Weak or stolen passwords are the first point of entry for 80% of breaches, so it’s critical enterprises get a handle on their password management.
Building an effective password policy can be a challenge for enterprises, because of the need to be able to balance security against convenience. Lean too much towards convenience and you will likely lose security. On the other hand, lean too much towards security and no one will adhere to it.
Regardless of that, effective password is essential when you’re managing IT networks. In its 2016 Data Breach Investigations Report, Verizon stated that, “63% of confirmed data breaches involved leveraging weak, stolen, or default passwords.” In 2017, Verizon suggested that figure had risen to 81%. In spite of this, users often fail to see the importance of frequently changed, complex passwords – possibly because it is not properly communicated to them. Here are three simple things that should help put the need for passwords into perspective:
- Network Security – Weak passwords mean the bad guys have an easy way into the company infrastructure.
- Accountability – User authentication allows the IT department to track who has done what on company systems. Password security needs to be taken seriously, otherwise you can’t be sure that staff members aren’t using each other’s passwords, which could lead to people being accused of things they haven’t done.
- Internal Confidentiality – Data breaches can result from little more than a password being roundly known by people, either because someone has shared it or because they have left it on a “Post-it” note attached to their monitor.
Once you’ve convinced your staff they need to take password management seriously, here are some best practice tips to help you set a solid enterprise password management policy.
Complexity is good, change maybe not so
In this case, complex means long and random. Most systems ask for a minimum eight-character password, however it’s worth bearing in mind that even if this password includes upper case, lower case, numbers and special characters a supercomputer or botnet could crack this in around four hours – so if someone wanted to break the password they could. Up that to 10 characters, and that figures rises to three years, with the additional permutations. If you push that up to 16, then you can be pretty certain it’s going to take a VERY long time for anyone to hack your password.
As we intimated, there needs to be a mixture of upper and lower case, alphanumeric and special characters. But you should warn people against being tempted to just do anything like changing “Star Wars A New Hope” to “5!@rW@r5An3wh0p3” – certainly for business critical systems. While it’s a lot better than a dictionary word it’s still not random. The best passwords are created using a genuine random password generator, and these should definitely be used to create your business critical application passwords. For those needing access to multiple systems, like IT admins, using an enterprise-grade password management solution will ensure they can still easily access what they need.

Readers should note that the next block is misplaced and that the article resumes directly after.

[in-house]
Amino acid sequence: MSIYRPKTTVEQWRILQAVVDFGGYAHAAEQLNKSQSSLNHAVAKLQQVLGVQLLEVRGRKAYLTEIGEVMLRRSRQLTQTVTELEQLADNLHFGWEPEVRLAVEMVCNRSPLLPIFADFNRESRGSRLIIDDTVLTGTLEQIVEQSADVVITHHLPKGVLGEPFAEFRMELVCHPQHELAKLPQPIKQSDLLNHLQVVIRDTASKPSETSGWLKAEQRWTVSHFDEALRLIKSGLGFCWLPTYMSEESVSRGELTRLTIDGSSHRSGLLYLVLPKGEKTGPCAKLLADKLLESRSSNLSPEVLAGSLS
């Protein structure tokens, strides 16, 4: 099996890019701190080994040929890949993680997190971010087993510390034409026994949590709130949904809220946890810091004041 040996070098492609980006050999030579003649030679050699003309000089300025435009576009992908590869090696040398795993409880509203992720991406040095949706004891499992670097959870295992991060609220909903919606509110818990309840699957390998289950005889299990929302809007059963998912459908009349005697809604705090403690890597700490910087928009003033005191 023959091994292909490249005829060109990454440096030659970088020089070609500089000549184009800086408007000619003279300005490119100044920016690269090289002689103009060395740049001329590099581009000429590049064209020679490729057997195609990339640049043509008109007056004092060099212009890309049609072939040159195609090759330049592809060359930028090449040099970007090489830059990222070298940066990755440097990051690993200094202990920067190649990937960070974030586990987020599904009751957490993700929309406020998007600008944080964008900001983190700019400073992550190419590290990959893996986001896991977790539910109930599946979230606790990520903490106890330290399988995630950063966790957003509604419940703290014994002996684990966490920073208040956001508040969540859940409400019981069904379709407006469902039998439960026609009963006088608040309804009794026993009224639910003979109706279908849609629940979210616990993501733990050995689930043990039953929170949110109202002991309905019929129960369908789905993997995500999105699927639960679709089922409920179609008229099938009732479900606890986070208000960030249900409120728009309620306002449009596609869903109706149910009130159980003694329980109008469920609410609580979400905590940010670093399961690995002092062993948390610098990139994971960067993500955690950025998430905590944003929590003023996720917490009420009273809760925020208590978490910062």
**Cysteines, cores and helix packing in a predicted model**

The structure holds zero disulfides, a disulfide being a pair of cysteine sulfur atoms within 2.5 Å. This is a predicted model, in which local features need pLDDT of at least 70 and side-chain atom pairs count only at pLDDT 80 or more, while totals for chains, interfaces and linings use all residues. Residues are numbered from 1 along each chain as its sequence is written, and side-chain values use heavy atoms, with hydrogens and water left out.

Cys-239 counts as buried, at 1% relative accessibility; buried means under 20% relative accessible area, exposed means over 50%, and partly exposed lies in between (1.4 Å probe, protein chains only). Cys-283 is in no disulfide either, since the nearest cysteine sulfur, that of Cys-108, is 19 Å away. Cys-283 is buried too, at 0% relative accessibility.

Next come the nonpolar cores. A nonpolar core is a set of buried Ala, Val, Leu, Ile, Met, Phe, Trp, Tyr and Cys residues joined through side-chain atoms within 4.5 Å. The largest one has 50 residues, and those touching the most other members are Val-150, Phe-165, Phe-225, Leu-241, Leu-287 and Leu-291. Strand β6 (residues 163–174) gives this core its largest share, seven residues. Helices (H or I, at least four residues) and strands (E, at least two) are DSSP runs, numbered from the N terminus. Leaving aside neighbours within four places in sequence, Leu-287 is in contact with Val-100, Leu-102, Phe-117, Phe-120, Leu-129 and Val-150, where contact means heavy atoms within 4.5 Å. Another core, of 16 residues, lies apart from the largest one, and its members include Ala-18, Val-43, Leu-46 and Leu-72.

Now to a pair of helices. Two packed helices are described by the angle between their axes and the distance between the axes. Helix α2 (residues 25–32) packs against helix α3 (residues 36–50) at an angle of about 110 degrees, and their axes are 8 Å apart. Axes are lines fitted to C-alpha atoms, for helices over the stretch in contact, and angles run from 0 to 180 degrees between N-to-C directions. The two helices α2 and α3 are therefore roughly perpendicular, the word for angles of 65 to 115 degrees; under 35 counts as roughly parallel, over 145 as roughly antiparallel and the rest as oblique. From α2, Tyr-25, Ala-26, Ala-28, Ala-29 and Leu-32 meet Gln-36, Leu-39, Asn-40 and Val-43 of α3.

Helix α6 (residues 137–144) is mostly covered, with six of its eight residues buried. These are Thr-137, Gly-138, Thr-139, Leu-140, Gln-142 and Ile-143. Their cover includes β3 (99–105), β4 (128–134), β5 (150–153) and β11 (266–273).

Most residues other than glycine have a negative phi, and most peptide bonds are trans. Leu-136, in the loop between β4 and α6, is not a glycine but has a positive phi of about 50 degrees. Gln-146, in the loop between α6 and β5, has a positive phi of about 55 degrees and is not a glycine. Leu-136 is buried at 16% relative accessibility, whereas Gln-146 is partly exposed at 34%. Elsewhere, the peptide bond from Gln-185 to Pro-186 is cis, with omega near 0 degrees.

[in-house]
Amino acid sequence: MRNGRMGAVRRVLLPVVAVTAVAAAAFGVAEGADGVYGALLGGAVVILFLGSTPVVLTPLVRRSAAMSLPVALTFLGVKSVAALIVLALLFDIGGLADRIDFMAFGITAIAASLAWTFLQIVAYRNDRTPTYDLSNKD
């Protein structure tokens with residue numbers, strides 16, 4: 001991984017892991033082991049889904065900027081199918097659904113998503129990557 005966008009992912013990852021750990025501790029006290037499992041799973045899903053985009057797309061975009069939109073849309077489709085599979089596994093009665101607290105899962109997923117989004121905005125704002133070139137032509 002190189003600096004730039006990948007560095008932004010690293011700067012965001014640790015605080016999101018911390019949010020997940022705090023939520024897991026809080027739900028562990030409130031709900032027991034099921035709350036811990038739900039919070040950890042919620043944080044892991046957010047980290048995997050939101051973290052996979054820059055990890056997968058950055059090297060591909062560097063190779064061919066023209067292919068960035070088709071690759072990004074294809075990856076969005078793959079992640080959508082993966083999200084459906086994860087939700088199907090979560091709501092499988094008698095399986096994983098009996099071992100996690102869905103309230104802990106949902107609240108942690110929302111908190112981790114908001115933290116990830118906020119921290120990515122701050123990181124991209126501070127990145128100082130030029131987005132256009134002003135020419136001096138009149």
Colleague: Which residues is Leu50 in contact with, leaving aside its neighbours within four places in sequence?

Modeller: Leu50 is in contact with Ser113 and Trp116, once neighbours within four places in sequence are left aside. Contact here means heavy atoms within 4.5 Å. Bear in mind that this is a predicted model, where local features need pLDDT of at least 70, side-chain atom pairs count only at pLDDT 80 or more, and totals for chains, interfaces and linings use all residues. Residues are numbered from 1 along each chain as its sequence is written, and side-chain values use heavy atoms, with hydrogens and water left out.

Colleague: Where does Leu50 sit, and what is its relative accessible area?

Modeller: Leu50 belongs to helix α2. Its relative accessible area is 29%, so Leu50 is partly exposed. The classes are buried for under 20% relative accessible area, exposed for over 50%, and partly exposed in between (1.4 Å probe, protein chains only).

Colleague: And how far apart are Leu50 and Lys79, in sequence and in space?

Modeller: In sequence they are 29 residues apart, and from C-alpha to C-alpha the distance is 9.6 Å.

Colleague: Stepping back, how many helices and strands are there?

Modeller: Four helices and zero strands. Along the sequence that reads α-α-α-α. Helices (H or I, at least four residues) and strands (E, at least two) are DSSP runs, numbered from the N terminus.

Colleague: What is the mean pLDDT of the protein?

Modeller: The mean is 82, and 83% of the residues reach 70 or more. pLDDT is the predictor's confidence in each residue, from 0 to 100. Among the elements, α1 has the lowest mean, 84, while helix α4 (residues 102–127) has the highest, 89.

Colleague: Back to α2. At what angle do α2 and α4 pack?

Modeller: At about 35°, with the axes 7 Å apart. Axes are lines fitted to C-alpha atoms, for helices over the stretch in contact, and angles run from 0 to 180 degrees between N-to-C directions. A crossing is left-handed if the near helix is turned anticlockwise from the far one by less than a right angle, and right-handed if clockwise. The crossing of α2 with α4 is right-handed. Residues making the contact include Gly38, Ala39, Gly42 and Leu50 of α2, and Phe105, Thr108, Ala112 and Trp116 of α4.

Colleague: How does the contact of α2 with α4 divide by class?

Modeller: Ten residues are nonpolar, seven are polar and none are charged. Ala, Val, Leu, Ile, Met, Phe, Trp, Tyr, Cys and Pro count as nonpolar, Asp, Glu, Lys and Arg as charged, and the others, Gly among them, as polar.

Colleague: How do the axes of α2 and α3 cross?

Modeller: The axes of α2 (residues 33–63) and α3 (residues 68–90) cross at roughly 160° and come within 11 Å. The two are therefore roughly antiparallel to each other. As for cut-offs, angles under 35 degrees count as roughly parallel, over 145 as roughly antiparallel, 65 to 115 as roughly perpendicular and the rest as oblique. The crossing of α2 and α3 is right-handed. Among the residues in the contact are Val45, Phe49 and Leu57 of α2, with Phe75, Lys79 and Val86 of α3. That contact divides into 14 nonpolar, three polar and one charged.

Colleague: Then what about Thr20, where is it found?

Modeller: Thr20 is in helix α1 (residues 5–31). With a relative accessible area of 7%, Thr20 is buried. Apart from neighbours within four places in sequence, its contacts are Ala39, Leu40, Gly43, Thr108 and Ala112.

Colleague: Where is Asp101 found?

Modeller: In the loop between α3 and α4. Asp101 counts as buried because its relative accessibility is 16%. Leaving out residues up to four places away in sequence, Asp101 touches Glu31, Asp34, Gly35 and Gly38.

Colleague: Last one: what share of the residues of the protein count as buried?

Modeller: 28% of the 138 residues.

Many companies set regular password changing policies at 30, 60 or 90 days. While it’s the accepted norm this isn’t necessarily a good thing. According to the UK’s Information Commissioner’s Office (ICO) says: “You should only set password expirations if they are absolutely necessary for your particular circumstances. Regular expiry often causes people to change a single strong password for a series of weak passwords. As a general rule, get your users to create a strong initial password and only change them if there are pressing reasons, such as a personal data breach.” (https://ico.org.uk/for-organisations/guide-to-data-protection/guide-to-the-general-data-protection-regulation-gdpr/security/passwords-in-online-services/)
Use two-factor authentication (2FA) wherever you can
Put simply, not relying purely on single passwords for protection is a good thing. Implementing 2FA, gives a layered approach removing the dangers of a single point of failure. Also, by adding the ability to apply a token, whether it’s through hardware or via a code-generating app, you introduce a device that the user has into the access equation, alongside something they know (the password).
Don’t set your policy in stone
As you can tell from the ICO guidance on passwords above, the thinking on passwords changes. So, your policy should be able to change too. Make sure it is dynamic and can change with times. This means it needs to be both event and intelligence driven.
You should not be in a position where you are to update it as and when required. Equally, don’t be afraid to let all staff members know when it has been changed (and even when it hasn’t). There is no point in having a policy if no one knows about it. So make sure you are educating staff throughout the company – including the board. Password policy applies to everyone.